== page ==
Lebanese Brazilian

From Wikipedia, the free encyclopedia
Jump to: navigation, search
Lebanese Brazilian
Líbano-brasileiro
البرازيلي اللبناني
Carlos Ghosn.jpgLuciana Gimenez 4.jpgPaulo S Maluf em Avaré 210706 REFON.jpg
Daniella Sarahyba.jpgGilberto Kassab 22092007.jpgTony Kanaan 2008 Indy Japan 300.jpg
Arnaldo jabor 2.jpgAlckmingeraldo2006.jpgFernando Haddad.jpg
Zemaria.jpgDeputado Michel Temer.JPG
Total population
The Lebanese government claims there are 7 - 10 million Brazilians of Lebanese descent [1].
Regions with significant populations
Brazil: Mainly in São Paulo State, Minas Gerais, Goiás, Rio de Janeiro.
Languages
Brazilian Portuguese, Lebanese Arabic
Religion
Roman Catholicism 65%, Orthodox Church 20%, Shia Islam, Sunni Islam, Druze 15%
Today predominantly Roman Catholicism
and some Muslim, Agnosticism, Atheism
Related ethnic groups
Other Brazilian and Lebanese people
White Brazilians, Arab Brazilians

A Lebanese Brazilian (Portuguese: Líbano-brasileiro) (Arabic: البرازيلي اللبناني) is a Brazilian person of full, partial, or predominantly Lebanese ancestry, or a Lebanese-born person immigrant in Brazil. Until 1922, Levantine immigrants were considered "Turks", as they carried passports issued by the Turkish Ottoman Empire, which then ruled over present-day Lebanon and Syria.

The population of Brazil of either full or partial Lebanese descent is estimated at between 7 to 10 million people, which is most likely a gross over-estimation (see below for numbers of immigrants at the height of Lebanese migration to Brazil). This number of descendants is larger than the population in Lebanon. Immigration of the Lebanese (and Syrians) to Brazil started in the late 19th century, most of them coming from Lebanon and later from Syria. The immigration to Brazil grew further in the 20th century, and was concentrated in the state of São Paulo, but also extended to Minas Gerais, Goiás, Rio de Janeiro and other parts of Brazil.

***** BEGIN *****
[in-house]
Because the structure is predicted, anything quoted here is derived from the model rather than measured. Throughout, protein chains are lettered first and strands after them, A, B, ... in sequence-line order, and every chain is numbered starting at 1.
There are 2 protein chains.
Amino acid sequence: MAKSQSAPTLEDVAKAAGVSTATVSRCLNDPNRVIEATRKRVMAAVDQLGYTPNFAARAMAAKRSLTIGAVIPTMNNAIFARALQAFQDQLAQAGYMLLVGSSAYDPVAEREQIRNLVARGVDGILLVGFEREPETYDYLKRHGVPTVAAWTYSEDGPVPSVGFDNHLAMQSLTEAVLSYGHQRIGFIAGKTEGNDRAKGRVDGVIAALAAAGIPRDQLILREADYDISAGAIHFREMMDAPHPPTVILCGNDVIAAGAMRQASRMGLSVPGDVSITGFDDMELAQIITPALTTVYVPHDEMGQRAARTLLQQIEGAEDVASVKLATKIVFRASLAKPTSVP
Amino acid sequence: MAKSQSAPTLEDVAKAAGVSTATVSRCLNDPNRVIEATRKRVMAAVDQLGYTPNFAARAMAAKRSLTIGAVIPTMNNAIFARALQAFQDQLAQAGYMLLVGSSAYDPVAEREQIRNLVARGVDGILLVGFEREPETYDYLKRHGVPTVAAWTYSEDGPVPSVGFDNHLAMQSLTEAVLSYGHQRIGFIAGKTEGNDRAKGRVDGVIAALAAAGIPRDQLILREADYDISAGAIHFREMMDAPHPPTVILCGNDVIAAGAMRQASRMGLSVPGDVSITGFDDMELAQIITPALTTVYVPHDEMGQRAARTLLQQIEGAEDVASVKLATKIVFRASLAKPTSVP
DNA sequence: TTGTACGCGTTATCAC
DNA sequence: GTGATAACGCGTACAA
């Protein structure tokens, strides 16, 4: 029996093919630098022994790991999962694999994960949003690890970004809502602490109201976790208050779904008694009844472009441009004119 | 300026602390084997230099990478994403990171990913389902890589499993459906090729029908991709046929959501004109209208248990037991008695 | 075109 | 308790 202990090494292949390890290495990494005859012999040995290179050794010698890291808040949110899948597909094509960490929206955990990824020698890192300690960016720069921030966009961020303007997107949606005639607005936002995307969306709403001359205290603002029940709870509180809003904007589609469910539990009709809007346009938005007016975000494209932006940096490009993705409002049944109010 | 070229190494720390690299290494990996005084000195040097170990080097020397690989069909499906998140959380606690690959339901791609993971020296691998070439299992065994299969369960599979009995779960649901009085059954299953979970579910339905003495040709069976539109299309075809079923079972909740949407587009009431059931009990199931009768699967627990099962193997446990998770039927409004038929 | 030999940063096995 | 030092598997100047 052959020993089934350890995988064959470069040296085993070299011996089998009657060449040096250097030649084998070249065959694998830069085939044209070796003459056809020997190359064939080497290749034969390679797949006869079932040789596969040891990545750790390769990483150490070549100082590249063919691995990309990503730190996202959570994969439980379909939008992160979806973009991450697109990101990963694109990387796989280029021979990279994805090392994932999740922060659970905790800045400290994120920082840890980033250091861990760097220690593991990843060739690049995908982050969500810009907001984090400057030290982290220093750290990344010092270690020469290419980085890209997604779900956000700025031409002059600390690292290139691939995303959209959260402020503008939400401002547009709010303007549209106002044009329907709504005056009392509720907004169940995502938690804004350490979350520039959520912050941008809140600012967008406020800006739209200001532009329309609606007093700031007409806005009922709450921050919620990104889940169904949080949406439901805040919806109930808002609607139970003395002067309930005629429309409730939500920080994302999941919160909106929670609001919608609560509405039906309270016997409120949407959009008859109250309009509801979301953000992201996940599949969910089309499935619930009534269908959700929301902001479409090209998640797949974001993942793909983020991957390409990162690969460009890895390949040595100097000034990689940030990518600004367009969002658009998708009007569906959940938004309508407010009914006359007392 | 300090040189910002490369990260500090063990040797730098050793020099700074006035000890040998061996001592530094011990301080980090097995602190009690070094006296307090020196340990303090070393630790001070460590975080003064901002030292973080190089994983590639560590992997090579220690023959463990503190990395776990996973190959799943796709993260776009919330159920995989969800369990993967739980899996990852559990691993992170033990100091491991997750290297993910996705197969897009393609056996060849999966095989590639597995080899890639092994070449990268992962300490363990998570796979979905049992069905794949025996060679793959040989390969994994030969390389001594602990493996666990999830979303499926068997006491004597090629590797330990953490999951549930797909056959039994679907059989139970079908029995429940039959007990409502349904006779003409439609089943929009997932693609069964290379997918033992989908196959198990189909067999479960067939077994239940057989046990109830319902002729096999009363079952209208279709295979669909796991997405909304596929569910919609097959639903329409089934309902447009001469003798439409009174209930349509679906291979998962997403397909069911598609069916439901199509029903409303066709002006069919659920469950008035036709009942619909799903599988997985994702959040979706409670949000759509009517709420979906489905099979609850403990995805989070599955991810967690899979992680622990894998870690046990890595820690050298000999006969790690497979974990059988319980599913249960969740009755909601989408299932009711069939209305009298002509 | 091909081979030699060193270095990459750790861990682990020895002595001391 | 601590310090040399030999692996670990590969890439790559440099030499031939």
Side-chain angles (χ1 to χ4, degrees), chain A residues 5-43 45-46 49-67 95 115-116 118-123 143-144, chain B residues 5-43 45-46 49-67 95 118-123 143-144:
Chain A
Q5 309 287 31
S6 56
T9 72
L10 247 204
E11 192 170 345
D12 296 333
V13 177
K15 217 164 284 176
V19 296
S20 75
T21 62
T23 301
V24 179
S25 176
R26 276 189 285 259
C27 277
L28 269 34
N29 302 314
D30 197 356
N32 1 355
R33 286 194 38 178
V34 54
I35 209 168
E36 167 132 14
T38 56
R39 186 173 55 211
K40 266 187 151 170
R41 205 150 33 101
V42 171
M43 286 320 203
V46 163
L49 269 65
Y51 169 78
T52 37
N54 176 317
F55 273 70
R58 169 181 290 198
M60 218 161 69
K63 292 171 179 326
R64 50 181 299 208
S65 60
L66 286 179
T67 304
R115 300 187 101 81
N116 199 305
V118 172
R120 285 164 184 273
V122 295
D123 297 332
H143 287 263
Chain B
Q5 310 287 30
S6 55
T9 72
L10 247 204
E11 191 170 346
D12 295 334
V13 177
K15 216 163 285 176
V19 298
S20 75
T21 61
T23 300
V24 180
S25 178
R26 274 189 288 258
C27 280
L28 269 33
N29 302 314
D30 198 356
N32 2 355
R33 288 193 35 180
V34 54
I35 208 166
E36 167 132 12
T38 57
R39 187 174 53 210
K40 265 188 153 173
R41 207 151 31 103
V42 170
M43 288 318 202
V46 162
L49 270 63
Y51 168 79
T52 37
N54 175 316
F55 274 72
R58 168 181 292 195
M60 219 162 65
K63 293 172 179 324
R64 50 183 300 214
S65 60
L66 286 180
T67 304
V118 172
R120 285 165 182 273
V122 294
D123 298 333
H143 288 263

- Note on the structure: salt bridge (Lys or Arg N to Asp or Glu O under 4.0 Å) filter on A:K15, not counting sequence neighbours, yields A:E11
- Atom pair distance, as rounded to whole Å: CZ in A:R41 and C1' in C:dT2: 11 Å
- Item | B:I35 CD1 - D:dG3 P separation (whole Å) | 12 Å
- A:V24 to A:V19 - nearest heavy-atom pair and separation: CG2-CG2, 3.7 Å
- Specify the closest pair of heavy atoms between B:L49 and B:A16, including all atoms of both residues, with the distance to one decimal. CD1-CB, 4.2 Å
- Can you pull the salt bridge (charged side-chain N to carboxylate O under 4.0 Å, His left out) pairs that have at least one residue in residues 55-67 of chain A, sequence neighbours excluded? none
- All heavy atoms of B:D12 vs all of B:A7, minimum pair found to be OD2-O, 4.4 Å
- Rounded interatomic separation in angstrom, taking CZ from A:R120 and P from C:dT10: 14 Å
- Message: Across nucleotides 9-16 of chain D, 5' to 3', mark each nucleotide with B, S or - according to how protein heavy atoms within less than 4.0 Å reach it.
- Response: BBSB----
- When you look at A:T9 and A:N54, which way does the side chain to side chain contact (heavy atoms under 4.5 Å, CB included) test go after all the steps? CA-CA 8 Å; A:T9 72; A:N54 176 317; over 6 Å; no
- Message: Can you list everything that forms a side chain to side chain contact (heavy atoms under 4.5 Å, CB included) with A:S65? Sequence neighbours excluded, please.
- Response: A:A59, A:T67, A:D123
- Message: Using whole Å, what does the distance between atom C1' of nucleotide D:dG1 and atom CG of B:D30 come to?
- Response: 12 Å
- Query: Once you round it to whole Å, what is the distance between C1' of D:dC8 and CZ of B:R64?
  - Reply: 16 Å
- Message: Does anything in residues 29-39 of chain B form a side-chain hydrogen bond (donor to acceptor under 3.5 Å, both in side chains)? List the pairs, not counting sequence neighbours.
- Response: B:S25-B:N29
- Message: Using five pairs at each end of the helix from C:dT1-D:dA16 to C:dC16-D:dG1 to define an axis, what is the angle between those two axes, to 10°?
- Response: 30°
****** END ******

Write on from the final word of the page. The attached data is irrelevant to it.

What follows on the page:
Between 1884-1933 130,000 Lebanese people immigrated to Brazil. 65% of them were Catholics (Maronite Catholics and Melkite Catholics), 20% were Greek Orthodox and 15% were Muslims (Shia, Sunni and Druze). According to French Consulate reports from that time[2], Lebanese/ Syrian immigrants in São Paulo and Santos were 130,000, in Pará 20,000, Rio de Janeiro 15,000, Rio Grande do Sul 14,000 and in Bahia 12,000. During the Lebanese Civil War 32,000 Lebanese people immigrated to Brazil.

Lebanese culture has influenced many aspects of Brazil's culture. In big towns of Brazil it is easy to find restaurants of Lebanese food, and dishes, such as sfiha ("esfiha"), hummus, kibbeh ("quibe"), tahina, tabbouleh ("tabule") and halwa are very well known among Brazilians.

Most Lebanese immigrants in Brazil have worked as traders, roaming the vast country to sell textiles and clothes and open new markets. Lebanese-Brazilians are well-integrated into Brazilian society.

The Hospital Sírio-Libanês (Syrian-Lebanese Hospital) founded by the Lebanese Community in 1931 in São Paulo.
Igreja Ortodoxa São Jorge de Brasília (St. George Greek Orthodox Church) located in Brasília.
Lebanese Mosque in Cuiabá, Brazil.

Notable Lebanese Brazilians[edit]

Please see List of Lebanese people in Brazil

See also[edit]

References[edit]